The practice of child marriage creates a huge global problem to everyone not just women in the Middle Eastern countries. Instead of protecting children all laws in Yemen are against them. It is hard for them to live in their societies, when they are discriminated literally for everything, “girls in honour cultures are denied leisure time, or to play with boys, as they are kept inside and are subjected to strong moral rules” (Ouis 450). Young girls cannot even do normal children activities like; biking or playing different games. Honour society believes that during those activities girls are most likely to lose their virginities. Girls’ dignities are more important to men and society than girls themselves. It is sad how their role is established for them even without asking them what they want from their own life. When girls do not experience their childhood, they are at home doing heavy domestic work and learning how to be “good girls”. Even domestic work affects these children.

The idea of domestic work and trying to be a “good girl” takes away their right for education, health, and the ability to explore a lot of other positive opportunities for them. It seems like there is no other choice but that is not true. That it is why society and especially parents have to be educated more about how important a person’s life actually is. Why are the youngest girls preferred for arranged marriages? There are many reasons to that with many consequences to the young girls’ lives. First of all, it is so much easier to force or make a young child to do something, especially if it is for someone they love. They are more vulnerable and naïve because they want the best for their parents and family. They want to make them happy and show them that they are worthy enough to be a part of the family. Additionally, “the older the girls are, the more difficult it is to “force” them into marriage” , which is why children are being used as a source to arranged marriage.

Second of all, many Middle Eastern countries believe that the younger the brides are, the better. They believe that “a woman gains her value, by producing many children, and hence a young wife is preferred for this task” , because their body parts are so much younger and the ability to give birth to more healthier babies is higher compared to older girls who are twenty-years-old or older. In reality, the science shows that young girls who did not hit puberty are more likely to die from giving birth to the baby. Finally, these girls are treated badly in their new families. Not only are their new husbands mean to them, but also “beat them and abuse them, deprive them of food, and force them into sex” . This crosses any line of human rights, because they are depriving someone of food only because they would not obey their orders. Again, this idea and practice violates child rights to the fullest, but what happens when young girls get sexually assaulted? The answer is forced marriage.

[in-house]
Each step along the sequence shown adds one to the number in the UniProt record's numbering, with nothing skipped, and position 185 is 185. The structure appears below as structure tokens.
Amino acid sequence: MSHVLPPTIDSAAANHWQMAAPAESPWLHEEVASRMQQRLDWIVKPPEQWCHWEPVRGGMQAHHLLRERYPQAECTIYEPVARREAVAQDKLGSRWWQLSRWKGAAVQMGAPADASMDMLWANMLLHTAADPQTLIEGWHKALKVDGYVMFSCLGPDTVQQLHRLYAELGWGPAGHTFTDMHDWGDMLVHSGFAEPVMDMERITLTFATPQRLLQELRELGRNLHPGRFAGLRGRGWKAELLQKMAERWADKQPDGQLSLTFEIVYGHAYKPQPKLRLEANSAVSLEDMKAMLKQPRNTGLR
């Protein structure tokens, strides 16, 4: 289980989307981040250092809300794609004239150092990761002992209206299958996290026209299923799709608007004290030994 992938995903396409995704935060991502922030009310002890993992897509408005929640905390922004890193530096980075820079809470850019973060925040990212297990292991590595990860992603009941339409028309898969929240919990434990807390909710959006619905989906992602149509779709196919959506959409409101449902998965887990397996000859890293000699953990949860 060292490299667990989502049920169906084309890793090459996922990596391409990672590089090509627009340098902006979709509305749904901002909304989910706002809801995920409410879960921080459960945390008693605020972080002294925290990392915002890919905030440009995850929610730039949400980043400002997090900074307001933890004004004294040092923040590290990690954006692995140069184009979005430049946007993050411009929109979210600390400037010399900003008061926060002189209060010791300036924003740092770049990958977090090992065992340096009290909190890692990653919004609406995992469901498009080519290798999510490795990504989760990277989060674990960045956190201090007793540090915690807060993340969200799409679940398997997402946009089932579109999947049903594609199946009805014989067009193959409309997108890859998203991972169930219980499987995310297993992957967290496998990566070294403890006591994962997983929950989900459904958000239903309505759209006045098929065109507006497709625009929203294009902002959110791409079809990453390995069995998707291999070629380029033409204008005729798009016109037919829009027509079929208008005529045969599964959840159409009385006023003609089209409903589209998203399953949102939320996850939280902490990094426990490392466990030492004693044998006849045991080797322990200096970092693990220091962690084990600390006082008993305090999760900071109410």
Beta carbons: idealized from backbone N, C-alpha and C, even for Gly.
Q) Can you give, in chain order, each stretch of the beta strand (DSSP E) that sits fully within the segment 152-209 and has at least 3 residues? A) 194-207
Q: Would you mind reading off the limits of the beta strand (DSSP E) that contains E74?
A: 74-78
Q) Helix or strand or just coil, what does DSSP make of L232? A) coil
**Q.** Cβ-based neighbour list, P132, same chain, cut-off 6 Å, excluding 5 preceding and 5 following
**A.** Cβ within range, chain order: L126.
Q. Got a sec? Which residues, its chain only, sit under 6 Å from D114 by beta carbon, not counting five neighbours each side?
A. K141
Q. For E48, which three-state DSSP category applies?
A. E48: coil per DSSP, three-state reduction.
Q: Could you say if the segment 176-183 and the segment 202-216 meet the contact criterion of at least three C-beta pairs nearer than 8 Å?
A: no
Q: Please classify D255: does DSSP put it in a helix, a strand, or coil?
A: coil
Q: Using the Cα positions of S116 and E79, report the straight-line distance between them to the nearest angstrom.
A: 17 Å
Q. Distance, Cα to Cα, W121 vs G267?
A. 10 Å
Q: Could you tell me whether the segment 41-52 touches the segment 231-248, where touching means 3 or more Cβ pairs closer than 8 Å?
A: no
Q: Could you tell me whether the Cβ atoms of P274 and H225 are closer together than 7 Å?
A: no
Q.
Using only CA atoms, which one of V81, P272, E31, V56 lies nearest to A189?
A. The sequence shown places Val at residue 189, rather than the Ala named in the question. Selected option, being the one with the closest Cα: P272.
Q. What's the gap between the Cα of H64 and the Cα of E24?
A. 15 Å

Even in this situation they do not have freedom. Instead of putting away a monster who did something like that to a poor child, the “… [child is] exposed to the risk of being killed by the family or forced to marry the rapist in the name of honour”. Honour is about doing something right, being seen as a good human being, but by doing something like that Yemeni society hurts and dishonours themselves more. Parents should fight for their kids and not go against them. They should protect them no matter what and provide them a safer life. Once again child marriages take away every opportunity that a child can only have. And one of the them, the most important one is the opportunity for education, the ability to explore new things. Young girls are required to stay home and learn how to be good wives for their husbands, “child brides are expected to take on domestic responsibilities”, that do not help them with their lives at all.

When a child does not explore the world and does not attend the school, the knowledge dies inside them. Studies have shown that education is very important in every human’s life. But yet, education is not as important in the Middle Eastern countries as in other countries, since young girls do not get an opportunity to go to classes. Right after their marriages, their husbands want them all for themselves and do not let them even think about school. Of course, there are still girls who attend school in Yemeni, but the percentage is low. For example, “only forty-five percent of Yemeni girls attend primary school and fifteen percent of girls attend secondary school” (Voinarevich 214) so we can see how the percentage drops as soon as girls become teenagers. Yes, there are some girls who do not want to go to school because they think that they are living in the dream where marriage life is perfect and that the brooms are their prince. But that is the parents’ fault because they do not educate their children, or do not let them go to school and mostly let them stay at home if girls actually do decide that they do not need education. Education should be a priority to everyone because that is what makes us individuals.